A key system or key telephone system is a multiline telephone system typically used in small office environments.
Key systems are noted for their expandability and having individual line selection buttons for each connected phone line, however some features of a private branch exchange such as dialable intercoms may also commonly be present.
Key systems can be built using three principal architectures:
The systems marketed in North America as the 1A, 6A, 1A1 and the 1A2 Key System were entirely typical and sold for many decades. The 1A family of Western Electric Company (WECo) key telephone units (KTUs) were in use in the 1950s. 1A equipment was primitive and required at least two KTUs per line; one for line termination and one for station (telephone instrument) termination. The telephone instrument commonly used by 1A systems was the WECo 300-series telephone. In the 1960s, 1A1 key systems simplified wiring with a single KTU for both line and station termination, and increased the features available to the users. As the 1A1 systems became commonplace, requirements for intercom features increased. The original intercom KTUs, WECo Model 207, were wired for a single talk link, that is, a single conversation on the intercom at a time. The WECo 6A dial intercom system provided two talk links and was often installed as the dial intercom in a 1A1 or 1A2 key system. Unfortunately, the 6A systems were very complex and prone to problems. They were also very expensive and never came much into favor. The advent of 1A2 technology in the 1970s tremendously simplified key system set up and maintenance. These continued to be used throughout the 1980s, though the arrival of electronic key systems with their easier installation and greater features signaled the end of all electromechanical key systems.
Two obscure key systems were used at airports for air traffic control communications, the 102 and 302 key systems. These were uniquely designed for communications between the air traffic control tower and radar approach control (RAPCON) or ground control approach (GCA), and included radio line connections.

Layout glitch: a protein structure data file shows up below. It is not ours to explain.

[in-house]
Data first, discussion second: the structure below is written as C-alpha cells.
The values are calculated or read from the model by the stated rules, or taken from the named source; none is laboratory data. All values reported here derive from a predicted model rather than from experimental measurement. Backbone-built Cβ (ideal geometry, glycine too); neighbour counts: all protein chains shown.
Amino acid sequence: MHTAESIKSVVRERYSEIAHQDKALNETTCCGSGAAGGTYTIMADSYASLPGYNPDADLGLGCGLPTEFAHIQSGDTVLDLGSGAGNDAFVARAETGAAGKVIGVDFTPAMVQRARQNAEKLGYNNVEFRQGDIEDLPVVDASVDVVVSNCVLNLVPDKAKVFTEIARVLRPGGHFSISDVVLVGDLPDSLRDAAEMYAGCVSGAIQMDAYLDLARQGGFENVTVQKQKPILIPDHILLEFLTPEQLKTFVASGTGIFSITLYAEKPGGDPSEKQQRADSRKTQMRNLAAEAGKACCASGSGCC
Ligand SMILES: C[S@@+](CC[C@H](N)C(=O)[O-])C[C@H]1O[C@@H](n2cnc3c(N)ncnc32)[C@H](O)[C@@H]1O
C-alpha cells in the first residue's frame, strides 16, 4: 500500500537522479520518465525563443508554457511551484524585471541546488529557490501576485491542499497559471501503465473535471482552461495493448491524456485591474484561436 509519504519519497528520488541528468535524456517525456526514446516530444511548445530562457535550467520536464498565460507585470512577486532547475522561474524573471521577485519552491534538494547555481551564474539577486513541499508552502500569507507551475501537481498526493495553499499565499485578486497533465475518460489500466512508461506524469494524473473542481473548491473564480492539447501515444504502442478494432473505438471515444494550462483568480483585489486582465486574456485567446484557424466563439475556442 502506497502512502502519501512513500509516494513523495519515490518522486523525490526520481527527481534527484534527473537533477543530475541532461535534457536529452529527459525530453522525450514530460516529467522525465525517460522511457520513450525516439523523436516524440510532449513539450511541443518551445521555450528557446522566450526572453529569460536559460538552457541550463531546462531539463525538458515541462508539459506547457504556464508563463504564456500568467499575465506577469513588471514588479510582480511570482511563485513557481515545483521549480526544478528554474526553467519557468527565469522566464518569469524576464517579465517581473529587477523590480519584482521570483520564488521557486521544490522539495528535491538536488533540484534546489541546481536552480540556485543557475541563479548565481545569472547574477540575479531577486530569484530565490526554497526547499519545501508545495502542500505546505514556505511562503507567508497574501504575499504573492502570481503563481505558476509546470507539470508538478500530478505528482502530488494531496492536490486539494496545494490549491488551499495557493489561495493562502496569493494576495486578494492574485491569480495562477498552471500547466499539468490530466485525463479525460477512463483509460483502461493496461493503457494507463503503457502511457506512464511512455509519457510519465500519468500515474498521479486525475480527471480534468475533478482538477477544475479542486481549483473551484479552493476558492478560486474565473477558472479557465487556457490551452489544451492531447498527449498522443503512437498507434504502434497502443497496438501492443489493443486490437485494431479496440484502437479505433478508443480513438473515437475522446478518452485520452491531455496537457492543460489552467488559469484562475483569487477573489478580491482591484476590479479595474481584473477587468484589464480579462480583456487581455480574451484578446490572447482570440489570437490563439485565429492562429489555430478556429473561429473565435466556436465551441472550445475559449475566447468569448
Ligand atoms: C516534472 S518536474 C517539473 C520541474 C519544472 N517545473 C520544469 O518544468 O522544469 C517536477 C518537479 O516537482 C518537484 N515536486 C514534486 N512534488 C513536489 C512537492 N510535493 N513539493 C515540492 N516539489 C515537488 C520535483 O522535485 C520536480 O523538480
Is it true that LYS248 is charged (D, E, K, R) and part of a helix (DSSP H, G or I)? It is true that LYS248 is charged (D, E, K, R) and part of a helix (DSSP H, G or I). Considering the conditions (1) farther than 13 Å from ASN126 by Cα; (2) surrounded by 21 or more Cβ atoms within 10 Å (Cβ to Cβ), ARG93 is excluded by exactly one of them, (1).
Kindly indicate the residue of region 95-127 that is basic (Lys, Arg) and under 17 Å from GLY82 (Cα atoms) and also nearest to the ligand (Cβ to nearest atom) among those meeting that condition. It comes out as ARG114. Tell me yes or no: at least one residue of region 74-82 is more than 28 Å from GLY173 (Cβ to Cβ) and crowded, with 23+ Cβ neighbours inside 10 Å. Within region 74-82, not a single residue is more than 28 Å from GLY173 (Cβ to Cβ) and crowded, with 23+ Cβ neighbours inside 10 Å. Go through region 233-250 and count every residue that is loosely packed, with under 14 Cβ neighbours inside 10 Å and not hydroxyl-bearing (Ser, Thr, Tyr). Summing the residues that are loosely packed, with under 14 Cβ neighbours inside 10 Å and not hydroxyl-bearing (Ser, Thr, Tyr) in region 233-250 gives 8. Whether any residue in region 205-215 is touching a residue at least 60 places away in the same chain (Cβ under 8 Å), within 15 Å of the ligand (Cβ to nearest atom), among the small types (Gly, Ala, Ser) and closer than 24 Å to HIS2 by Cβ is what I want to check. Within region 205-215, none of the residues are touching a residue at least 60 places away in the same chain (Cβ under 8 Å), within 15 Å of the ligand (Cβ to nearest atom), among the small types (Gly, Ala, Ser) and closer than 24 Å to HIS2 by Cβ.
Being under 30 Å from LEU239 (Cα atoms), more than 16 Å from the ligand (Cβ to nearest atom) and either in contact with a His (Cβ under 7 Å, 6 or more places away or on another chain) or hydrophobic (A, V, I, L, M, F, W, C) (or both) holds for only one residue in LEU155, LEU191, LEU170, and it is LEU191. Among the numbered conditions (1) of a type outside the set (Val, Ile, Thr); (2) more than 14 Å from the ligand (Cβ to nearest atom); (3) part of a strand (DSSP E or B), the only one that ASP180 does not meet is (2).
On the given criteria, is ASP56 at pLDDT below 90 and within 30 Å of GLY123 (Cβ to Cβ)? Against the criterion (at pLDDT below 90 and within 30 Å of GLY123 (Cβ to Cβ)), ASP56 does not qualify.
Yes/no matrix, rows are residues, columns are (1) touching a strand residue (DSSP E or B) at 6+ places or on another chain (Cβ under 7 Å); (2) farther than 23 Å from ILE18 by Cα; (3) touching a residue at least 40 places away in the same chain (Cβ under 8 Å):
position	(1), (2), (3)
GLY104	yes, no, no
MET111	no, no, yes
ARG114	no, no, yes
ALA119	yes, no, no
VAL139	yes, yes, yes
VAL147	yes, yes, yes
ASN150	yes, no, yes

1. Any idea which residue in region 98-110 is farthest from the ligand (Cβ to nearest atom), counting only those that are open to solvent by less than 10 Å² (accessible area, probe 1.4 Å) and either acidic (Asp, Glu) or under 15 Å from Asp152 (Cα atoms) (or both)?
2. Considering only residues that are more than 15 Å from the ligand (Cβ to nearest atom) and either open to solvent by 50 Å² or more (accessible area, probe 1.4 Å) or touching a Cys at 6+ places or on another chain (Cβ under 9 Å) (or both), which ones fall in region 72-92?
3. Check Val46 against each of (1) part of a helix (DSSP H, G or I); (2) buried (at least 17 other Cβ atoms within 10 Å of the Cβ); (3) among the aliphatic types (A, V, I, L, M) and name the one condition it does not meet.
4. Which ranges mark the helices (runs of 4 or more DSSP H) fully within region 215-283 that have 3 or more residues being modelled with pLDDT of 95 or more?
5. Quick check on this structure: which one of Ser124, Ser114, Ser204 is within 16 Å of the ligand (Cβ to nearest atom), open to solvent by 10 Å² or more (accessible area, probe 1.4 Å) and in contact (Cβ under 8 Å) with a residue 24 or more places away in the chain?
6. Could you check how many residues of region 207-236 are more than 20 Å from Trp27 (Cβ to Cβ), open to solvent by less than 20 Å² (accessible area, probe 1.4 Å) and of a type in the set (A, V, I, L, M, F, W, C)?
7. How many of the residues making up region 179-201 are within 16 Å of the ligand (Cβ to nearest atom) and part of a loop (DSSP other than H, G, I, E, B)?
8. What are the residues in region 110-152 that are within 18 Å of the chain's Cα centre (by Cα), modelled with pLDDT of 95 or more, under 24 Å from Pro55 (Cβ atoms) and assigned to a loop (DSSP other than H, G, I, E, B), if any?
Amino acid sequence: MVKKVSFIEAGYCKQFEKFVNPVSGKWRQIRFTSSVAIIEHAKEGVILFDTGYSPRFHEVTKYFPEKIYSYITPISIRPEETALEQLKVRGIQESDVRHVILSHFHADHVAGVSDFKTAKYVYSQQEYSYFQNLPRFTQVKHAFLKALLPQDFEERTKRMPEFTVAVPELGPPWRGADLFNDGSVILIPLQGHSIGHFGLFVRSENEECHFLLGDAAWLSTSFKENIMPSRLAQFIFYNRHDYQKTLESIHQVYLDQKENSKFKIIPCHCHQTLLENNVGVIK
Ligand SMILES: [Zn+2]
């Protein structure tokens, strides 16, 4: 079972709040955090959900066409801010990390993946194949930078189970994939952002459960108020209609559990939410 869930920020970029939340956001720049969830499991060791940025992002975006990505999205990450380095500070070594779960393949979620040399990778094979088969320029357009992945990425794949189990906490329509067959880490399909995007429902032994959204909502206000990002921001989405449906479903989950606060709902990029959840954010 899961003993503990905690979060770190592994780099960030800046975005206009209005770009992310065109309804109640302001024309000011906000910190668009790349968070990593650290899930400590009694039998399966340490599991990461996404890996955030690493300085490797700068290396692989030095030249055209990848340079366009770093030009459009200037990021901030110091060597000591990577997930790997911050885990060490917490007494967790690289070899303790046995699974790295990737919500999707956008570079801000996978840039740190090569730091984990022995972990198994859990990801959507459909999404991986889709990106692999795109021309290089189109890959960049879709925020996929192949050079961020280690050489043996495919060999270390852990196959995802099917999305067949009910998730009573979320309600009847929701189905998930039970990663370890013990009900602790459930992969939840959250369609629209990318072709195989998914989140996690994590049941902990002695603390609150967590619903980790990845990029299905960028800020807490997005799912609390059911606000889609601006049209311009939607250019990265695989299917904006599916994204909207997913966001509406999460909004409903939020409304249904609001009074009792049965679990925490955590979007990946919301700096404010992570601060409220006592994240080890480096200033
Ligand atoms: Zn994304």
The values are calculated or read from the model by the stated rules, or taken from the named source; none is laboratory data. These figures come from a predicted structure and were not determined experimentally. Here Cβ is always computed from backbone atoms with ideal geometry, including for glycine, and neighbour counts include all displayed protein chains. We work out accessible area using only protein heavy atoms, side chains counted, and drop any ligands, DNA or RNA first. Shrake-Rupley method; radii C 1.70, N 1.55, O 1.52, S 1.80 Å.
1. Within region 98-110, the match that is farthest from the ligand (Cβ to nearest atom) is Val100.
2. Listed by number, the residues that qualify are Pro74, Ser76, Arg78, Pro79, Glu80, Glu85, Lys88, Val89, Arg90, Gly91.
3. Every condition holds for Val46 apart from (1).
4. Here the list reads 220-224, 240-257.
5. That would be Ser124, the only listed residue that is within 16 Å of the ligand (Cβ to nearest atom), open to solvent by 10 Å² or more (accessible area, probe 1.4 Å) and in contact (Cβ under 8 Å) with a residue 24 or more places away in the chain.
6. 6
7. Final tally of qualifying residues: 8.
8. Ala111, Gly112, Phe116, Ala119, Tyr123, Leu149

Automatic Electric Company also sold a family of key telephone equipment, but it never gained the widespread use enjoyed by Western Electric equipment.
With the advent of LSI ICs, the same architecture could be implemented much less expensively than was possible using relays. In addition, it was possible to eliminate the many-wire cabling and replace it with much simpler cable similar to (or even identical to) that used by non-key systems. One of the most recognized such systems is the AT&T Merlin.
Additionally, these more modern systems allowed a vast set of features including:
Features could be added or modified simply using software, allowing easy customization of these systems. The stations were easier to maintain than the previous electromechanical key systems, as they used efficient LEDs instead of incandescent light bulbs for line status indication.
LSI also allowed smaller systems to distribute the control (and features) into individual telephone sets that don't require any single shared control unit. Generally, these systems are used with a relatively few telephone sets and it is often more difficult to keep the feature set (such as speed-dialing numbers) in synchrony between the various sets.
The line between the largest key systems and full PBX systems is blurred. In the 1A2 days, the line was clear: 1A2 systems did not allow the sharing of anonymous "trunk" lines and PBX systems did. Modern key systems blur this distinction by often allowing this feature.
Into the 21st century, the distinction between key systems and PBX has become increasingly confusing. Early electronic key systems used dedicated handsets which displayed and allowed access to all connected PSTN lines and stations. The modern key system now supports ISDN, analog handsets (in addition to its own dedicated handsets - usually digital) as well as a raft of features more traditionally found on larger PBX systems. The fact that they support both analog and digital signalling types gives rise to the "Hybrid" designation.
The modern key system is usually fully digital (although analog variants persist) and some systems embrace VOIP. Indeed, key systems now can be considered to have left their humble roots and become small PBXes. Effectively, the aspects that separate a PBX from a key system are the amount, scope and complexity of the features and facilities offered.